WASHINGTON — The U.S. Government Accountability Office has rejected a protest by Boeing Intelligence Systems Group of Springfield, Virginia, of an approximately $160 million contract awarded to Harris Corp. to help develop one of the National Geospatial-Intelligence Agency’s (NGA) top priorities.
NGA has been developing what it calls the “Map of the World,” an integrated collection of data, including geospatial data, from sources throughout the intelligence community.
In May 2013, the intelligence agency said it intended to award three contracts for “regional geospatial intelligence content management” to cover the globe, the GAO said in an Oct. 16 announcement of its ruling on the protest. Boeing and Harris of Melbourne, Florida, bid on one region covered by U.S. Africa Command and U.S. Southern Command.
Boeing’s approach used significantly more hours than Harris’, producing a solution later described by the NGA as “inefficient,” the GAO said.
Boeing claimed the NGA did not hold adequate discussions on the project because it failed to tell the company of the fatal weakness in its proposal.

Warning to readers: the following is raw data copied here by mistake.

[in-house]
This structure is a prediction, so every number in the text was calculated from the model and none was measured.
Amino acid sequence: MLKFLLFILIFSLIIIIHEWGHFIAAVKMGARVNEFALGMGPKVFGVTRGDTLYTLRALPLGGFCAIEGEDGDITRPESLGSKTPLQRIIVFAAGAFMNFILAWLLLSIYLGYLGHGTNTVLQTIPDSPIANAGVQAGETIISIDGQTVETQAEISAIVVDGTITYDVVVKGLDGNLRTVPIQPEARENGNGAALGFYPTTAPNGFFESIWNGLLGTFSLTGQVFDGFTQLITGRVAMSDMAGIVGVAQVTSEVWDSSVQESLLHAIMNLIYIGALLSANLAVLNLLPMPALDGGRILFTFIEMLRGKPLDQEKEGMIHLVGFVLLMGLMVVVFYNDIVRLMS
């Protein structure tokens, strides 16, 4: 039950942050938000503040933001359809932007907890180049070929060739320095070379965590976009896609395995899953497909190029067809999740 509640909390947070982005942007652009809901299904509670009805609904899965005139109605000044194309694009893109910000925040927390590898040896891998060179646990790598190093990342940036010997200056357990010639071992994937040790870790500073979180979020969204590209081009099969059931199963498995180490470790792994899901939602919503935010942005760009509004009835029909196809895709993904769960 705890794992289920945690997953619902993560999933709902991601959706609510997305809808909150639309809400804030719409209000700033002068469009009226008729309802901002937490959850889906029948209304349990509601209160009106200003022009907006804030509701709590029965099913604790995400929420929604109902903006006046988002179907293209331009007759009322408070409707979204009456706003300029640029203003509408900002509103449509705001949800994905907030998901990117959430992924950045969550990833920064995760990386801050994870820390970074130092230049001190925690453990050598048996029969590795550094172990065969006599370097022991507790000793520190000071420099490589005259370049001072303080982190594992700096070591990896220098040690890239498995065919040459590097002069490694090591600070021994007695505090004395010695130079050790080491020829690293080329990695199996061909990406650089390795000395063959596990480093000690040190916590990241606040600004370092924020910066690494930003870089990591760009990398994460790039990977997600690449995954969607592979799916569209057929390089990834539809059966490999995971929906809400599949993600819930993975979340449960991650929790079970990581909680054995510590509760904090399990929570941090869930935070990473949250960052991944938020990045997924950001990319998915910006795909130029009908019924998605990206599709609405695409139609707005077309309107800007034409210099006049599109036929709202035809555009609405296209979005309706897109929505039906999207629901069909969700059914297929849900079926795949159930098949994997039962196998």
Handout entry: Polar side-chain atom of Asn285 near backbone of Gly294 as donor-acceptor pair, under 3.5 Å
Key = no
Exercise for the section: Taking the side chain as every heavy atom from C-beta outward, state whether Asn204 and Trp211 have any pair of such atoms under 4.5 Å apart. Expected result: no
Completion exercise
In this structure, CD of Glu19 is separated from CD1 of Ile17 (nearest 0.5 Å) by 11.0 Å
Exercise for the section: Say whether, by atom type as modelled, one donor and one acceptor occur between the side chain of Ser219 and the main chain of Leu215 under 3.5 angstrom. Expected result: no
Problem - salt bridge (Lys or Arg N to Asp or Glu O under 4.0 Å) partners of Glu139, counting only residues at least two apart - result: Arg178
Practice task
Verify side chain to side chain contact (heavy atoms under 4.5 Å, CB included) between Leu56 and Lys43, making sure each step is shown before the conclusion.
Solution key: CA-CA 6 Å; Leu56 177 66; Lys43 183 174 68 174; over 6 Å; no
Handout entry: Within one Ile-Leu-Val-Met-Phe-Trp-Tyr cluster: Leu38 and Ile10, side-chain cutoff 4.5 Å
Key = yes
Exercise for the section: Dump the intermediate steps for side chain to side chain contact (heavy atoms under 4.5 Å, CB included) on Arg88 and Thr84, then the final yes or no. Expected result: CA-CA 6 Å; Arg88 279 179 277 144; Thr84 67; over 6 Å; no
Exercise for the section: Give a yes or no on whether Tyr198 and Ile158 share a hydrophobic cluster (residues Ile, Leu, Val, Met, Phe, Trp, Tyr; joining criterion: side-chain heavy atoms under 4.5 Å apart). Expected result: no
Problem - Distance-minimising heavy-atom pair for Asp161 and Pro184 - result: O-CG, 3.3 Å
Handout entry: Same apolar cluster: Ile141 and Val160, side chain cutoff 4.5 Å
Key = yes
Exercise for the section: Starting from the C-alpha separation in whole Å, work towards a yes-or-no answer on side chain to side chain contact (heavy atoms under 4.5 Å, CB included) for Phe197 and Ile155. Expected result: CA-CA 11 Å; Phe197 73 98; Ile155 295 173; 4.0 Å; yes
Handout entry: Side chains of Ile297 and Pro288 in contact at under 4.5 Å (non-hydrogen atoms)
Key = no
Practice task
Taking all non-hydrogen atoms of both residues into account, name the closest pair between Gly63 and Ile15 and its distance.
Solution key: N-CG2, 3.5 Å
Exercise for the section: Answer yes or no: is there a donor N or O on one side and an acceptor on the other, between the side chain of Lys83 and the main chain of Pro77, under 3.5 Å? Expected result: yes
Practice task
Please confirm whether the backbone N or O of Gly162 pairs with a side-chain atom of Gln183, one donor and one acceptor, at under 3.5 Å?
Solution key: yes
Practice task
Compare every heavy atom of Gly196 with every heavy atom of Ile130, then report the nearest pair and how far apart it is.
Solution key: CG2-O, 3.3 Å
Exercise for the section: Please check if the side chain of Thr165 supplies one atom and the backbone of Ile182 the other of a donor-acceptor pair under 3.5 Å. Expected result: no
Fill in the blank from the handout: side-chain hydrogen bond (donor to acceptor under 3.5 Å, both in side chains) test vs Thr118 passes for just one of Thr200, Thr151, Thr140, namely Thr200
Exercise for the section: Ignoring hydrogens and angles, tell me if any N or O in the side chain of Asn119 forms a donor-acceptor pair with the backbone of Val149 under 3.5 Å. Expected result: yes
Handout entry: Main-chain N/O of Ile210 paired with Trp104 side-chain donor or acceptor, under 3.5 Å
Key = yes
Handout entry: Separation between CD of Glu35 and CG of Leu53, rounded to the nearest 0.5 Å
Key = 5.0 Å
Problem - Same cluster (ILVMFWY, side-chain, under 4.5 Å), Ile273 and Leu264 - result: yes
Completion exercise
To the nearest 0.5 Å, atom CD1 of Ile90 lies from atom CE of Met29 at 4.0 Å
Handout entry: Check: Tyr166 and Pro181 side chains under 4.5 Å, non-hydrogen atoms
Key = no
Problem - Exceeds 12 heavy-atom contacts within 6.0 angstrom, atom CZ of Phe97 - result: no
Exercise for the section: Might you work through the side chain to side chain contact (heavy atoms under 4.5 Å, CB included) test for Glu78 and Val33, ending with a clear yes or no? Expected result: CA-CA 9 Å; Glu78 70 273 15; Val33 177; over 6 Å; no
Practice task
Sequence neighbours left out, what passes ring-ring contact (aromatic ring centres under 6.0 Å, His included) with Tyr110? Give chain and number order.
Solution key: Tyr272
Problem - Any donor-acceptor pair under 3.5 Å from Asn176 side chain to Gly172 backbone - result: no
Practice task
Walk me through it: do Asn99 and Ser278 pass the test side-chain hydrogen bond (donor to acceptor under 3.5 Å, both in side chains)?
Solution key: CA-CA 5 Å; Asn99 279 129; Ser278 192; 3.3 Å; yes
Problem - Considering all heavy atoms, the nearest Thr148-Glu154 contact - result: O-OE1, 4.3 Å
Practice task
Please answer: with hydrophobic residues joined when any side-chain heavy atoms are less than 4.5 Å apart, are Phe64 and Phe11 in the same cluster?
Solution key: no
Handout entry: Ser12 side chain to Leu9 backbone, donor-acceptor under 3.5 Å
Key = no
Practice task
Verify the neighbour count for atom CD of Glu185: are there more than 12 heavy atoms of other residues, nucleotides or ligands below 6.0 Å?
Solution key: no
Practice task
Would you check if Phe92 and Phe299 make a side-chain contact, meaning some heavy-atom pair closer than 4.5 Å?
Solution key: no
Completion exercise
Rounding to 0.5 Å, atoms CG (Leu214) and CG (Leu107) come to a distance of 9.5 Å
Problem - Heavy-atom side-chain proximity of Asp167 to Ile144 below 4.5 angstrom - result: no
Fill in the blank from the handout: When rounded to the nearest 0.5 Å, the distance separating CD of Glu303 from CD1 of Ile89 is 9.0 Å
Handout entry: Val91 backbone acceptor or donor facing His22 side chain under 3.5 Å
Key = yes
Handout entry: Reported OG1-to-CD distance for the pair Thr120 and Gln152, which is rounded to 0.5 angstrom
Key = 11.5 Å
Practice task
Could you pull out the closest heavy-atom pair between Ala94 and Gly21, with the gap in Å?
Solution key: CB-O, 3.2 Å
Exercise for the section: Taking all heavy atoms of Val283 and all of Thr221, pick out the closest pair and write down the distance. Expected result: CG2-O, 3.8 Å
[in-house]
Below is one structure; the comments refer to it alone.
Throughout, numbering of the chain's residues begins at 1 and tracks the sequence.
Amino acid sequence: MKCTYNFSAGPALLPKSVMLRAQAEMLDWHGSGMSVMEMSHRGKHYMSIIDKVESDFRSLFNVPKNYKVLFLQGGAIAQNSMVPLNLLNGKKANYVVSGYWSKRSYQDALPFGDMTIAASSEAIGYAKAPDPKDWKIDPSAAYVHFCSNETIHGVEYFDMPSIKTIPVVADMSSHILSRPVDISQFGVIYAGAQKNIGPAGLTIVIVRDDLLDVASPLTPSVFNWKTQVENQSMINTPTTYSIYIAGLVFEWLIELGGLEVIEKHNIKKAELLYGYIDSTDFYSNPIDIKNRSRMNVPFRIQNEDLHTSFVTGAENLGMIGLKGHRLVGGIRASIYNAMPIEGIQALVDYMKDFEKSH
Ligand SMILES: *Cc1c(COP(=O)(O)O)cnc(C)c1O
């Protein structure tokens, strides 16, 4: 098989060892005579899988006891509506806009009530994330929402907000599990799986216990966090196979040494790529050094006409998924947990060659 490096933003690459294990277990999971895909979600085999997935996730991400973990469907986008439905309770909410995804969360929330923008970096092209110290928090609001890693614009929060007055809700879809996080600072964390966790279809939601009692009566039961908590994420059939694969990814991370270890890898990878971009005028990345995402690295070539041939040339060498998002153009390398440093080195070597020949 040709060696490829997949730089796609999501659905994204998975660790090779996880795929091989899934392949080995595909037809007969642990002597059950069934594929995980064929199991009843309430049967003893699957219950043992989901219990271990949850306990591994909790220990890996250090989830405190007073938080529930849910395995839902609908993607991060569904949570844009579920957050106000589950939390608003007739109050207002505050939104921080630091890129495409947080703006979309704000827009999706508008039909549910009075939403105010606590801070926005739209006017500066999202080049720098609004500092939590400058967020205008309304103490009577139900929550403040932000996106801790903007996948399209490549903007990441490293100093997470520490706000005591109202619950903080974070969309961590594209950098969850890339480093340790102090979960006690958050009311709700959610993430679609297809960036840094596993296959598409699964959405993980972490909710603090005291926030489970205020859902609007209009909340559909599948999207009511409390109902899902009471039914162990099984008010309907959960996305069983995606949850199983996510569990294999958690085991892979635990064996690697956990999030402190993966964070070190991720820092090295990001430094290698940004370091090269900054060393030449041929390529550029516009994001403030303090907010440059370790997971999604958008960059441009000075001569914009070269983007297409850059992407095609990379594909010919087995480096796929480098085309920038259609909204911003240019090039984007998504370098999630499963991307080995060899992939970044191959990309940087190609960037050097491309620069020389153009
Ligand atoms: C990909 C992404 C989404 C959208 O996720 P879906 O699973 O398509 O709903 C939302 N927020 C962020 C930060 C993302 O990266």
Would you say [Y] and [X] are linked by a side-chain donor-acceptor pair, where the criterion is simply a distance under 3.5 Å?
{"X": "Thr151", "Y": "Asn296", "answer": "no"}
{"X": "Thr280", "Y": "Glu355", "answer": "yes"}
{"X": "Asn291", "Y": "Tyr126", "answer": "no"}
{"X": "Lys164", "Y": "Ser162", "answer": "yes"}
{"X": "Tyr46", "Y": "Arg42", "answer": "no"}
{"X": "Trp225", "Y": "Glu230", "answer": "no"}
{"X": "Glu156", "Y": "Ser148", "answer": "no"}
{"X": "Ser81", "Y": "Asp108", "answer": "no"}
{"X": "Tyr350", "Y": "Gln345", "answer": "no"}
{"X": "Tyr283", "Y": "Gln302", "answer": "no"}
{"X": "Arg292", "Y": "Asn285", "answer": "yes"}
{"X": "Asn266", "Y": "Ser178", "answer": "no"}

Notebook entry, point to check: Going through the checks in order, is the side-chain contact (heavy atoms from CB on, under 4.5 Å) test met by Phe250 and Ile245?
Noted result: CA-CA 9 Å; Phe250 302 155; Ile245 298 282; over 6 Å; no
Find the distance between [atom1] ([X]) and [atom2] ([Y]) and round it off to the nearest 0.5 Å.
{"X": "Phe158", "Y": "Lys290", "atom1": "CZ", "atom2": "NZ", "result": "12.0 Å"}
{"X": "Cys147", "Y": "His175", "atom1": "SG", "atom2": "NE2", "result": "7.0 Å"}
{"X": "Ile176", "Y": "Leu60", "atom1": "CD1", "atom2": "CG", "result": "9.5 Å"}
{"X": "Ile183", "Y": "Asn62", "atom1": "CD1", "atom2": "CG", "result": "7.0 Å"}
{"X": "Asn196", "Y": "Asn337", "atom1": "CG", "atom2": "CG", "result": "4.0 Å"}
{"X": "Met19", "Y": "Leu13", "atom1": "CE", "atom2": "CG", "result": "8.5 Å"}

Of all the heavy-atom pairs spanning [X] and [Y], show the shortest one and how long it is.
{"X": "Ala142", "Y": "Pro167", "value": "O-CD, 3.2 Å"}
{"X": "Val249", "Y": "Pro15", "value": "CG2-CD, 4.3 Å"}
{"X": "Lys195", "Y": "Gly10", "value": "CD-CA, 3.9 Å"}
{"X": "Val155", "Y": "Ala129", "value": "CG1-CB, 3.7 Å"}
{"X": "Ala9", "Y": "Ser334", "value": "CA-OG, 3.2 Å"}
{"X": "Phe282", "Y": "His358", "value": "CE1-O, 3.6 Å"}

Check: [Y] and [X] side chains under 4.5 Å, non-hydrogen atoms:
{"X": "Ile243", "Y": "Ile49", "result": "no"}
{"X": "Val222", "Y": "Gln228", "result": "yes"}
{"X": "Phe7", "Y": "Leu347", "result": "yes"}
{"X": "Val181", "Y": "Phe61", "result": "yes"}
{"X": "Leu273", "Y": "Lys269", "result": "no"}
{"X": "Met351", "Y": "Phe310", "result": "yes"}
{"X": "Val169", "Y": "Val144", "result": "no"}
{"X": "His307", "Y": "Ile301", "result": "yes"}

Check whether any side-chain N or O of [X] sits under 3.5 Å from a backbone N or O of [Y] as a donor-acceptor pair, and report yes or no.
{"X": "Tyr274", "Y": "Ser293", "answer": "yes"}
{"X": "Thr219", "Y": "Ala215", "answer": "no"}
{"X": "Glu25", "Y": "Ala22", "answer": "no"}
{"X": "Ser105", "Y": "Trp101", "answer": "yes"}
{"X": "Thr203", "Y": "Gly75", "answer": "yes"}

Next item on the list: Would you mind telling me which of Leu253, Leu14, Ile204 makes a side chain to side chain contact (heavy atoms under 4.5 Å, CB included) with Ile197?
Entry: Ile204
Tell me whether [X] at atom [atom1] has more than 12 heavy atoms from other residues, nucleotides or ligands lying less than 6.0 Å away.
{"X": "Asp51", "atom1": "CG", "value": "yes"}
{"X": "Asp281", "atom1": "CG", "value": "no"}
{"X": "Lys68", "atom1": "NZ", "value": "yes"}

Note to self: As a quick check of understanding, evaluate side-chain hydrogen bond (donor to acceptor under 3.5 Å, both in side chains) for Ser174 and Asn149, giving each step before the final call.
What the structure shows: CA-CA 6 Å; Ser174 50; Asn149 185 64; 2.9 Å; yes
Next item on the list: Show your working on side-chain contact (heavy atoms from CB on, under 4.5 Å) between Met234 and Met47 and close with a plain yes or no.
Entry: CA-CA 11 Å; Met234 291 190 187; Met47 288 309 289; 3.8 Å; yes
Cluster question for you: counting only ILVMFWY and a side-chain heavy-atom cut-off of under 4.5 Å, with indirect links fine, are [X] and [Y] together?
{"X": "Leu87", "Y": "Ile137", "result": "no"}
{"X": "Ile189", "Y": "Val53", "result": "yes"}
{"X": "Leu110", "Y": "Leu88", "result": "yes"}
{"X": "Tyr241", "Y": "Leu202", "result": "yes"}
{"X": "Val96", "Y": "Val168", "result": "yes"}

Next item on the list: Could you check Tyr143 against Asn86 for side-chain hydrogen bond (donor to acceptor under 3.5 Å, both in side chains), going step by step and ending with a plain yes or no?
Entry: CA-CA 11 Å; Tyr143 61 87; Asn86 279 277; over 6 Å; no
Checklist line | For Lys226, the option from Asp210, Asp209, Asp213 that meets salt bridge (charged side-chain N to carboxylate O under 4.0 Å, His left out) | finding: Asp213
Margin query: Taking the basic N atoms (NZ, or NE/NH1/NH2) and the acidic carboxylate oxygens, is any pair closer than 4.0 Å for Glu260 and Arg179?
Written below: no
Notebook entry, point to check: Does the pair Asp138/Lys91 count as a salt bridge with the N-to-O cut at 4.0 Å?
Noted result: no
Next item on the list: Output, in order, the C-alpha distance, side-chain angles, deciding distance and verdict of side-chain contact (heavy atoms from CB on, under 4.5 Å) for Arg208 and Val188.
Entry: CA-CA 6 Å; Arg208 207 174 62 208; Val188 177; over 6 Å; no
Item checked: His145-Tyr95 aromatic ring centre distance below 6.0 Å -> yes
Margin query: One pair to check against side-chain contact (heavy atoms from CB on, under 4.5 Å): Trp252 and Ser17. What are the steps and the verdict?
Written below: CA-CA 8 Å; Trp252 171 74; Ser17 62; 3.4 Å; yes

“The simple fact that Boeing and Harris proposed different technical approaches that involved varying levels of effort for particular tasks does not establish a disparate understanding of the solicitation’s requirements or an unequal competition,” the decision from Susan Poling, the GAO’s general counsel, said. “Rather, this fact appears to indicate simply that the offerors proposed different or innovative technical approaches, as envisioned by the solicitation. Therefore, we find this basis of protest to be without merit.”
Harris said Oct. 24 that it won an NGA contract, potentially worth as much as $770 million over five years, to provide geospatial data services. Sleighton Meyer, a Harris spokesman, confirmed that it was the same contract that Boeing had protested.